At a Roundtable on the Analysis of the Risks and Effects of Centralized INN Procurement by representatives of the AmCham Health Care Committee, together with experts, state bodies and organizations and others associated with medicine producers, analyzed the potential effects of a policy change of medical procurement on efficiency and safety of treatment of chronic patients as well as on rationalization costs in health care.
The current regulation that medicine procurement provided by prescription, conducted by brand name drugs means that medicines for patients are available from different producers andare financedby the NHIF. By switching to centralized procurement by generic name of prescription drugs that are available in pharmacies in the tender, according to the criterion of the lowest price would be selected only one drug that would be financed by the fund, while any other medicine - even those received for years - had to be paid from patients’ own pockets in its entirety. At the roundtable, it was concluded that such a change would produce a significant risk to the current treatment of patients, the effects on chronic treatment and side effects and onpotential drug shortages, while the supposed financial savings in the long run would be questionable.
‘Establishing a system of centralized purchase by INN for prescription drugs, instead of the existing model, would lead to a violation of the patient’s right to drug selection and therapeutic options that are available to doctors would be limited. In practice, this would mean that one remedy used for years, but not purchased at the tender INN, will no longer be available at the cost of health insurance. In this case you would be forced to pay the full amount of the drug or use the drug that has been selected by tender, which can result in a reduction in the effectiveness of treatment as well as an increase in side effects,’ said Prof. Dr. Milica Prostran from the Institute of Pharmacology, Clinical Pharmacology and Toxicology.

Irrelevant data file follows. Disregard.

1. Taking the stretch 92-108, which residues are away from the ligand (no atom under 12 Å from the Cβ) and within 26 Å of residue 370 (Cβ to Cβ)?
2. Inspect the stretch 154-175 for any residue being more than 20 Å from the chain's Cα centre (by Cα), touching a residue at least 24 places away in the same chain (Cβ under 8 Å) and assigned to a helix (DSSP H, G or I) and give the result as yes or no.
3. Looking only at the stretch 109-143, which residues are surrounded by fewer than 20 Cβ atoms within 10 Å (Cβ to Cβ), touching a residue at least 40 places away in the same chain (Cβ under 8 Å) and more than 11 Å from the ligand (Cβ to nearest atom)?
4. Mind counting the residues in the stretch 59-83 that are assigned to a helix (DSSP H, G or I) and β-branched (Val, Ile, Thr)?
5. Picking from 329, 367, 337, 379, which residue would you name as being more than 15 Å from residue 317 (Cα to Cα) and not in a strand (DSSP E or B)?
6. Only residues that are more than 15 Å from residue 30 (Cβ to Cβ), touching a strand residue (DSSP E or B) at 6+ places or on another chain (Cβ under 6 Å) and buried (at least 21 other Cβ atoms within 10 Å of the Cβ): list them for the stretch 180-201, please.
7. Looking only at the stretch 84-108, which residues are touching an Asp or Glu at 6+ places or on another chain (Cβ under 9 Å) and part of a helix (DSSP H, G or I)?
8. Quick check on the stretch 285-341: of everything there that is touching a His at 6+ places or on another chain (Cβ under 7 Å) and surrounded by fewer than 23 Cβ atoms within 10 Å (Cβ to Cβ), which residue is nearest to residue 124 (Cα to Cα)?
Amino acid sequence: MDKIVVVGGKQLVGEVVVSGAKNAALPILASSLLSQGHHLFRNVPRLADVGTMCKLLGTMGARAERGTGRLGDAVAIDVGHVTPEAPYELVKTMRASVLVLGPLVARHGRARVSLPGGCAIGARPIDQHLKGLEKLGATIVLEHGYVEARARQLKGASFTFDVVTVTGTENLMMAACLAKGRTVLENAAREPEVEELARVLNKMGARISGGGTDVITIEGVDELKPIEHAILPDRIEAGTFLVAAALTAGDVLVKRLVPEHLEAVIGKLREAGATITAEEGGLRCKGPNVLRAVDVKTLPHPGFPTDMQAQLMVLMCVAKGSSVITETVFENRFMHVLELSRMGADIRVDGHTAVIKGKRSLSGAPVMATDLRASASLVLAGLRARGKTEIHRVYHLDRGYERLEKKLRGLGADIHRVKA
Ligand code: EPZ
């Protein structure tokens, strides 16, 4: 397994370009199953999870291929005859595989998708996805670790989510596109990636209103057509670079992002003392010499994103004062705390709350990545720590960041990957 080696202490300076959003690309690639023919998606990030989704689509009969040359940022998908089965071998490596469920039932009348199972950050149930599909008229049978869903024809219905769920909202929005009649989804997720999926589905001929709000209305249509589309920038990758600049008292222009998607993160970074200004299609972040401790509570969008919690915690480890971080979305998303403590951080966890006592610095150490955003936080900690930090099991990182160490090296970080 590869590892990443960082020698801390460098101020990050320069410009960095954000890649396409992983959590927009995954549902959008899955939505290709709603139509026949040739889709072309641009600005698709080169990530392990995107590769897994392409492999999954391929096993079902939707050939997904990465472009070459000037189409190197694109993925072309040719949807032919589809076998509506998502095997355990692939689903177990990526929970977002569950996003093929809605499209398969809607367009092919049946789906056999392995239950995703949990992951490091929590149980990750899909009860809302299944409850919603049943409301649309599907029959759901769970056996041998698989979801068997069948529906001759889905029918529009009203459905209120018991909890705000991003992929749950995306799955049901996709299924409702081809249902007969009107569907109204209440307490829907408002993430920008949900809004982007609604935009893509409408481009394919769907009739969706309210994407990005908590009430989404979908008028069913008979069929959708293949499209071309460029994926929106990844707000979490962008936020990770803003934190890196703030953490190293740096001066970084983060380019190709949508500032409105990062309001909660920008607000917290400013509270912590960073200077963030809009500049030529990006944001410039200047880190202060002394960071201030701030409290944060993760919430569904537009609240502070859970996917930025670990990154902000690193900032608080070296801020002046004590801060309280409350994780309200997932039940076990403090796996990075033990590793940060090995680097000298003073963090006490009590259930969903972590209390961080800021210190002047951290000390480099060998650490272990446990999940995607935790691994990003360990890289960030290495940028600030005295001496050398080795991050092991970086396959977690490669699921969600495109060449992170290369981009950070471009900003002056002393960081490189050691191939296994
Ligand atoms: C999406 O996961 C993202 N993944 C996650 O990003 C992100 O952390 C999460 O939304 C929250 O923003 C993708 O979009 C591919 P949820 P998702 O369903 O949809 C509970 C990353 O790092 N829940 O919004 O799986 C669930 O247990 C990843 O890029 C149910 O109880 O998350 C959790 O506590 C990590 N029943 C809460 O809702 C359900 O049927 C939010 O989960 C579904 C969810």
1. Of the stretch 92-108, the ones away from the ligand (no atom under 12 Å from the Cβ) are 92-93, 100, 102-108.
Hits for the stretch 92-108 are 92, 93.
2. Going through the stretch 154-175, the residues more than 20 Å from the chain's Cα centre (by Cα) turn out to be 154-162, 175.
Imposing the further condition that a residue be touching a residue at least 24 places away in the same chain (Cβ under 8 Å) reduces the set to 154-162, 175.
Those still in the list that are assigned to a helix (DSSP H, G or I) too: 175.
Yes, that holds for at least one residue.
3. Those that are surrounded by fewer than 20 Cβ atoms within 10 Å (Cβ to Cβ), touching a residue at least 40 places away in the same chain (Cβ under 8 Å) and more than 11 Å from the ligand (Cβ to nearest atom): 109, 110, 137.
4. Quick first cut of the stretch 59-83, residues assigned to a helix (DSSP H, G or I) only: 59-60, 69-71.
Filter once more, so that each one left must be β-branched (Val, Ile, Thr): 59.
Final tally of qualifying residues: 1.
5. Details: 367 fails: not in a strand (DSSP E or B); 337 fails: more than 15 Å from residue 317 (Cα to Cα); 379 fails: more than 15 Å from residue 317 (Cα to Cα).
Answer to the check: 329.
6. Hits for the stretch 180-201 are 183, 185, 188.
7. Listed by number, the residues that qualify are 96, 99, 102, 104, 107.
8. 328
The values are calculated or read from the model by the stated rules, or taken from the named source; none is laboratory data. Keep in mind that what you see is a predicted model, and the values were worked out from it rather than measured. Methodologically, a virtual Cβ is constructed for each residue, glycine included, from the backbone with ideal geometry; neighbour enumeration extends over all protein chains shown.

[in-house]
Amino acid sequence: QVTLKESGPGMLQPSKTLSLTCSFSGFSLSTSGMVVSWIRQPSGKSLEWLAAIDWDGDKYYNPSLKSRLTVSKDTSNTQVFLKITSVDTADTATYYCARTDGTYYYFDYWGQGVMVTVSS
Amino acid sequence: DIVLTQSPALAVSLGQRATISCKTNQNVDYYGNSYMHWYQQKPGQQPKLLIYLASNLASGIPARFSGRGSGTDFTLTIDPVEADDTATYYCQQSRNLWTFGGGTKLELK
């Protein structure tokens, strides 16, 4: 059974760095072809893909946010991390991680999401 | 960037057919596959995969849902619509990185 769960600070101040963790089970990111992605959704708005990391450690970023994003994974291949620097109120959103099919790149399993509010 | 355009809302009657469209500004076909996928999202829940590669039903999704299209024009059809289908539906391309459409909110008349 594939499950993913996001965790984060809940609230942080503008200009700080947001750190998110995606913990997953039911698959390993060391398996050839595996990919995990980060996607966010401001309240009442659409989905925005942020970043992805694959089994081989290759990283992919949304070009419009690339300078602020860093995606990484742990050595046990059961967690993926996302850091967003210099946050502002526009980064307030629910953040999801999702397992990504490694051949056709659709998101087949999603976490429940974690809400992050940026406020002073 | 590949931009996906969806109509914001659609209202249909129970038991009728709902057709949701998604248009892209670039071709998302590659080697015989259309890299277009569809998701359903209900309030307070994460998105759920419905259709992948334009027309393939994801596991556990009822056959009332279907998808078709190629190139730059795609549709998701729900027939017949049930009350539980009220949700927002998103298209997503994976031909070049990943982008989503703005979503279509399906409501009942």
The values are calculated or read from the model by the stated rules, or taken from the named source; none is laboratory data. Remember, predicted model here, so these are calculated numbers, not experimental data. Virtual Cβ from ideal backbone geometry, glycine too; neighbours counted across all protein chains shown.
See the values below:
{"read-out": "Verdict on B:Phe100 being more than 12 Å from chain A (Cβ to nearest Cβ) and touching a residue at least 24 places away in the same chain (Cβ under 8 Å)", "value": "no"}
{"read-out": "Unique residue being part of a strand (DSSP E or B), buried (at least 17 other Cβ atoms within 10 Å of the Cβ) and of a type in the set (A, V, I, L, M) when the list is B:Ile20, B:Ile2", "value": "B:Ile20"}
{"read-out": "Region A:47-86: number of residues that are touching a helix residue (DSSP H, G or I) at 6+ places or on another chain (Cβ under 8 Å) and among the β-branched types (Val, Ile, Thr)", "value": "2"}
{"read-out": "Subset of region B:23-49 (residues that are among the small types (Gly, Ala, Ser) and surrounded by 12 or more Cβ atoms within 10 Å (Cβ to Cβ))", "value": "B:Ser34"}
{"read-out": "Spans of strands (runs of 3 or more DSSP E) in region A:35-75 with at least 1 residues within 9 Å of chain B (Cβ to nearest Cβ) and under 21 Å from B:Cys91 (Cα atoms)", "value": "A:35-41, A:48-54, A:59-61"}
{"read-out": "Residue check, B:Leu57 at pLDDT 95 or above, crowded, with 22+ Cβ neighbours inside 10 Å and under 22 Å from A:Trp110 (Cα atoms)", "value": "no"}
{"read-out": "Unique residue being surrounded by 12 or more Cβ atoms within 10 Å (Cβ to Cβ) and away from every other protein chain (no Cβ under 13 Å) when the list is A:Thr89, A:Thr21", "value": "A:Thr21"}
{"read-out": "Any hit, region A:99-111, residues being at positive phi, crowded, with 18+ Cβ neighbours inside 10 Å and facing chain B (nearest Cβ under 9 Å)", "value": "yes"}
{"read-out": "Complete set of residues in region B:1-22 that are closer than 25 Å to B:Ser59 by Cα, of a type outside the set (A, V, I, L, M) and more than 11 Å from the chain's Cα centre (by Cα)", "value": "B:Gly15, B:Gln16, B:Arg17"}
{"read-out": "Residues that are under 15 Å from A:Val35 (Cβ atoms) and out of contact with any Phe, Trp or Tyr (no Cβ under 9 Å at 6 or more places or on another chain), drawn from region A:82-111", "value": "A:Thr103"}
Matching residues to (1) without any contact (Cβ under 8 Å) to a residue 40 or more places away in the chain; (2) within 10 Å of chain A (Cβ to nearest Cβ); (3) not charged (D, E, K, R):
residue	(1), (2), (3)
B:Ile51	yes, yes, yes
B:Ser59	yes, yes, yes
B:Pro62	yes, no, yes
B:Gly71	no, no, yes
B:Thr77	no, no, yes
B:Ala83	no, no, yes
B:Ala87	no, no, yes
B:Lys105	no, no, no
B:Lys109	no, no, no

As an illustration of the difficulties which patients might face was the treatment of more than 600,000 patients with diabetes, who would with each new tender potentially be forced to change the drug which is used, and re-training for its use, wherein the mechanism of the effect of a single drug is difficult. Frequent changes of medicaments is risky for patients with cardiovascular ailments, chronic obstructive pulmonary disease, psychiatric patients and others, thereby increasing the odds of additional complications that significantly affect the health of the insured and the increased cost to the Fund.
Although centralized procurement by INN for prescription medicines in the first year is likely to result in savings in the budget, its long-term profitability and the risk of shortages is in question. Due to the inadequacy of therapy there is a possibility of increasing other costs of treating patients that can exceed the projected savings. In addition, the decision on the establishment of centralized public procurement by INN may have a significant negative impact on the domestic producers of medicines, which would lead to a decline in employment and GDP and would have an impact on the supply security of the older generation of medicines.